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03 Apr 2008 13:49
China is too far down the road toward a market economy to turn back from reforms now, even if United States financial market turmoil is causing it some qualms, US Treasury Secretary Henry Paulson said on Thursday.
Near the end of a two-day visit, Paulson told reporters the biggest threat to continued reforms came from firms in China that want to be protected against competition at a time when the United States is pushing for more open markets.
“I think it’s pretty hard to say, if you’re China, that we want full integration in trade and we want everybody else to open their markets but we’re not going to open ours because we’re concerned about turmoil in our markets,” Paulson said.
“That just isn’t going to wash,” he added.
Paulson said he was confident China would keep moving toward adopting reforms needed to have a market economy.
“Reform never moves in a straight line. I think the biggest threat for reform in China is a strong domestic industry that doesn’t want competition,” he added.
Paulson said Chinese officials indicated they were closely monitoring US market conditions and indicated that he had pulled no punches in describing to them the difficulty the US economy faced.
“There is no doubt we’re having a tough quarter, that the economy has turned down sharply,” Paulson said, but he refused to be drawn into discussion of remarks by Federal Reserve chairperson Ben Bernanke on Wednesday that recession was a possibility.
Won’t discuss recession
“I’m just not going to get into a technical definition and I’m not going to get into that debate,” Paulson said.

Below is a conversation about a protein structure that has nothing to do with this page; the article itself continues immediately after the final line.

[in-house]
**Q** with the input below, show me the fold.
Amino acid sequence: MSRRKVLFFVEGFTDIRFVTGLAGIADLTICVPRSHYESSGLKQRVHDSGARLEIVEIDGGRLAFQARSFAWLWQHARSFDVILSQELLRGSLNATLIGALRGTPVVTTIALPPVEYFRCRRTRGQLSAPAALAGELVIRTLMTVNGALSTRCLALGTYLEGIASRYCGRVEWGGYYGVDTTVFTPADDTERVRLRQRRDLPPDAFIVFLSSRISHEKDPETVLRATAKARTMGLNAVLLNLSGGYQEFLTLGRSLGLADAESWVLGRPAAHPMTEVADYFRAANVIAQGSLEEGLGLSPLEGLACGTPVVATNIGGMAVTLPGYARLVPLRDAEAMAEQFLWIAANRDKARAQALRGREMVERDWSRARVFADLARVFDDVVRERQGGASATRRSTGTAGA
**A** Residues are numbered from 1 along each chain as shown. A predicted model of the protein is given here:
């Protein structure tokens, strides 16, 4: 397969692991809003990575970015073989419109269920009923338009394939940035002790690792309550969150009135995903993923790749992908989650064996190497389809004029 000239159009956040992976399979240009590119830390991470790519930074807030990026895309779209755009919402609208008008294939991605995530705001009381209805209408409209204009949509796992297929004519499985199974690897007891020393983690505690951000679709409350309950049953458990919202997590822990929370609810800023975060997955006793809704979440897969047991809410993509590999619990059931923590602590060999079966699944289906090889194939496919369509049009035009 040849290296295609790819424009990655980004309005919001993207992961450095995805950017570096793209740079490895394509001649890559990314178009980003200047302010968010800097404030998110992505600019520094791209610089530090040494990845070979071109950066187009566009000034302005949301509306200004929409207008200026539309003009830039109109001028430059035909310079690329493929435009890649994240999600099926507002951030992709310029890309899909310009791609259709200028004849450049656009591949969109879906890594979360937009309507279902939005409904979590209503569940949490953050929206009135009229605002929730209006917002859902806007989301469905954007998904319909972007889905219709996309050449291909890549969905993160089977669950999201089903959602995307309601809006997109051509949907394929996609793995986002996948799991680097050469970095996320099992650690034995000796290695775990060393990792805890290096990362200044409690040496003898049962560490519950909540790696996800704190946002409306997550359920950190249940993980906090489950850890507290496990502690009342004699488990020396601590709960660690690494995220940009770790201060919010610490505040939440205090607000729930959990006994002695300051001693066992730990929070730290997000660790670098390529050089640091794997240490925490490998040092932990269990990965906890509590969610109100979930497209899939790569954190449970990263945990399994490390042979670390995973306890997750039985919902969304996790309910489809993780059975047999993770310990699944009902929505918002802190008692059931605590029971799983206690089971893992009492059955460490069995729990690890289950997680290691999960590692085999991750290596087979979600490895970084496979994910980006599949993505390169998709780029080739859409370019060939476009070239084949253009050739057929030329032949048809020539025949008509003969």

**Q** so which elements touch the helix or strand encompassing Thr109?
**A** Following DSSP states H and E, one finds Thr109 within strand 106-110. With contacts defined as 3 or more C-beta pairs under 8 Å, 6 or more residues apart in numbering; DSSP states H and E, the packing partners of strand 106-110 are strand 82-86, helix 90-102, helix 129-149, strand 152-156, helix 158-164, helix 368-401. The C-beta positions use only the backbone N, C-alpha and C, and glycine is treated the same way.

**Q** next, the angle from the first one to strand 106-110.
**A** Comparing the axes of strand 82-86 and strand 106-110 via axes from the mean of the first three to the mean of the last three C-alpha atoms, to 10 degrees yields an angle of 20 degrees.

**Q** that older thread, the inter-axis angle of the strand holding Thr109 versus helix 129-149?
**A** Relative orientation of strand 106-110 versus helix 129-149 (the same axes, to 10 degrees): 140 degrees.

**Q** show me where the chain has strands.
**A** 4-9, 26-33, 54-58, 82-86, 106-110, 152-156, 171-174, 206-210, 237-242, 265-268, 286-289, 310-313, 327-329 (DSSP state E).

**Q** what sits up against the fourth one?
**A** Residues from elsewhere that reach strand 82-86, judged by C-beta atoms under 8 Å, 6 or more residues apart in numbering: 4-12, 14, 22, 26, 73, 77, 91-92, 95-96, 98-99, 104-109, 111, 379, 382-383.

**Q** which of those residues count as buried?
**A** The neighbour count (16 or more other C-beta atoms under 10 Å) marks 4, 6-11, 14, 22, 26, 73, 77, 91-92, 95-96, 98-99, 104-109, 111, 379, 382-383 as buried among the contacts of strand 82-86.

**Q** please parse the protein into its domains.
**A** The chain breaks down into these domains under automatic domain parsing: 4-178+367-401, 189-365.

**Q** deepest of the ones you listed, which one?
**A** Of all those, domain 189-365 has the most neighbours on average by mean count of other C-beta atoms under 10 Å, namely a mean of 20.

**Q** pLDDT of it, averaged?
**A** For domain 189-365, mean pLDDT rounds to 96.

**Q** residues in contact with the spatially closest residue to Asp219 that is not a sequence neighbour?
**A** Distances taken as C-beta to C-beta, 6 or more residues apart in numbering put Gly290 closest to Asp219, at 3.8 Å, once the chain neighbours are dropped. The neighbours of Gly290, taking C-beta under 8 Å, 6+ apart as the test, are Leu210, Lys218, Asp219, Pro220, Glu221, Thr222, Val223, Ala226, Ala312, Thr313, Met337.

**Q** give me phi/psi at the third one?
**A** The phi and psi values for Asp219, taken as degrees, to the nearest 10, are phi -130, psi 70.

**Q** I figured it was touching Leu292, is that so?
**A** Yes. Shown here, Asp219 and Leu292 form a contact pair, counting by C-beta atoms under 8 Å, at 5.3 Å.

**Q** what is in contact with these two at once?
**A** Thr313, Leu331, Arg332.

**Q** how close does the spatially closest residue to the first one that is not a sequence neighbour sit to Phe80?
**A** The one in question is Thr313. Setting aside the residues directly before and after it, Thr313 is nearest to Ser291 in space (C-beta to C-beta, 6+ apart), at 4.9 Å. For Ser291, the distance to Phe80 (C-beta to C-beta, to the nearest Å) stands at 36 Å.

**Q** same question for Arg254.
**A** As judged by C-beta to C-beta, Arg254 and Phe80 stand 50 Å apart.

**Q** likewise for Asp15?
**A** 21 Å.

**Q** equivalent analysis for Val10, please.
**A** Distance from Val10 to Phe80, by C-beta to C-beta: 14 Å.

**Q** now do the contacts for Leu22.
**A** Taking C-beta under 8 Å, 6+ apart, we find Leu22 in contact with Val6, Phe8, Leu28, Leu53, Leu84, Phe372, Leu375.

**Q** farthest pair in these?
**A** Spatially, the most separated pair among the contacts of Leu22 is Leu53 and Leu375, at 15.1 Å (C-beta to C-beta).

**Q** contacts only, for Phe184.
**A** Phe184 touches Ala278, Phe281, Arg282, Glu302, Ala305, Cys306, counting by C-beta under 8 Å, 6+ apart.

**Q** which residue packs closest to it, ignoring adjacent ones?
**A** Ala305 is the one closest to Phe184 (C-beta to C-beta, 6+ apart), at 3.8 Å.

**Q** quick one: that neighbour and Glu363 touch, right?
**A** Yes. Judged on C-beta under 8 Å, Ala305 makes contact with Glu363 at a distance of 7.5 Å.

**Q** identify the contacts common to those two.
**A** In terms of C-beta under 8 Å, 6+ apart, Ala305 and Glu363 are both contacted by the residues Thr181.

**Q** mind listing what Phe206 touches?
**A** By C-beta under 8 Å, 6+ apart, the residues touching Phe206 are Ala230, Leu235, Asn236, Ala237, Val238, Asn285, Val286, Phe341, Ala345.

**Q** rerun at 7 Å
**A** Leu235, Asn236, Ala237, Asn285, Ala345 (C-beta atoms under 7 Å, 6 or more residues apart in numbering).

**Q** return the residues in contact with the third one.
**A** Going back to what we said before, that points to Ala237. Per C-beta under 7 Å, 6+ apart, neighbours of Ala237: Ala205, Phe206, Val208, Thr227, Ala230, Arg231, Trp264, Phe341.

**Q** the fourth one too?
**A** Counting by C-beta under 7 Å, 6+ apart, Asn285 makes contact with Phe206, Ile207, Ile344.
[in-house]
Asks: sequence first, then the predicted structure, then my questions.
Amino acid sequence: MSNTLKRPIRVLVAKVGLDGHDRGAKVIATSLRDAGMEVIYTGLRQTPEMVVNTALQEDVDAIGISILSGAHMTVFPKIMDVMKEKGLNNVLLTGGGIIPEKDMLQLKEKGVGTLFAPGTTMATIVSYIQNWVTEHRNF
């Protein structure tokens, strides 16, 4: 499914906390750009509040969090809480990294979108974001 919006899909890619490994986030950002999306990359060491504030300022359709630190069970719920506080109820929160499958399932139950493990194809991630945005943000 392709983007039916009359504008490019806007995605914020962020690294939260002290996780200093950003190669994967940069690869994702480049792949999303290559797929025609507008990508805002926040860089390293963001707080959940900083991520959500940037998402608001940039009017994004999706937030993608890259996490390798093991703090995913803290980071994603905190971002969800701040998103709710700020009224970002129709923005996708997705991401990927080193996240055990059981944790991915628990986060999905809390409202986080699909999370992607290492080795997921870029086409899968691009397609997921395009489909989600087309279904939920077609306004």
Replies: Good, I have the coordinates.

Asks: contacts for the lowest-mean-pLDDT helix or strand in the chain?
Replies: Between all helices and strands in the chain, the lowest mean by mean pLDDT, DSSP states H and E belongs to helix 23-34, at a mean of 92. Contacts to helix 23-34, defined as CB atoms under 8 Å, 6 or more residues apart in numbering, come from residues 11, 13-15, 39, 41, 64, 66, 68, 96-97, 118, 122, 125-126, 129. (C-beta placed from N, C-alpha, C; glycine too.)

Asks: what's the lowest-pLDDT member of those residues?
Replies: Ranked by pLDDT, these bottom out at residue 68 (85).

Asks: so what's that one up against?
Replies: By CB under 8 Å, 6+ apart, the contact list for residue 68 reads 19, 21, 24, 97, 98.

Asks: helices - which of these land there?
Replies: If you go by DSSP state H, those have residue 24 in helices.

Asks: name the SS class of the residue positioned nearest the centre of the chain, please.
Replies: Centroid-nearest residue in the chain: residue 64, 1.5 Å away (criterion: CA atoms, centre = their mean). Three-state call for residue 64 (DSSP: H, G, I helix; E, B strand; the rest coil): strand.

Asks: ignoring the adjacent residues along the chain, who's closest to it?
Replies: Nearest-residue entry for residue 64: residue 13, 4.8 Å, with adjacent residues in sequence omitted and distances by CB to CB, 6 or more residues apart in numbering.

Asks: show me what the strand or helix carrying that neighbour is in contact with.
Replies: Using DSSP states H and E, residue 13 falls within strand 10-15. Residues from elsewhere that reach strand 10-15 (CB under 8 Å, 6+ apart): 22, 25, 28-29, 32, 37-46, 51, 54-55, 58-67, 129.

“To me, the relevant thing is the economy has slowed way down and we’re focused on it.”
Paulson again praised China for letting its yuan currency rise more quickly, a long-standing demand of the Bush administration.
The Chinese currency, also known as the renminbi (RMB), gained 4% against the dollar in the first quarter and has now risen 18% since July 2005, when it was depegged from the dollar.
“Although the process of adjustment is not complete, the accelerated pace of appreciation is significant and welcome, and should continue,” Paulson said in a speech to the Chinese Academy of Sciences.
A stronger exchange rate would help China to tackle inflation, now at a near-12-year high of 8,7%, he said.
Although China would shed some jobs as its economy adapted to a stronger currency, there was no sign that overall growth had been hurt by the rising exchange rate, Paulson told reporters.
By contrast, maintaining a misaligned, undervalued currency was fraught with risk.
“China’s economy is so large, complex and integrated that it is dangerous if it does not have a RMB that reflects fundamentals,” Paulson said.
In his address to the Academy of Sciences, Paulson strongly urged Beijing to drop barriers against foreign-made anti-pollution equipment as a way to help clean up its dirty air and water.
“A high priority should be given to eliminating tariffs and non-tariff barriers on products, goods and services that can improve the health and welfare of the Chinese people,” he said.
“It doesn’t seem economically sensible and morally right” to make it costlier than necessary to import needed technology from abroad, he said, noting that with an economy one sixth the size of America’s, China was about to become the number one source of greenhouse gas emissions.
China is also the world’s largest coal producer and consumer, a significant cause of the smog that regularly blankets Beijing.
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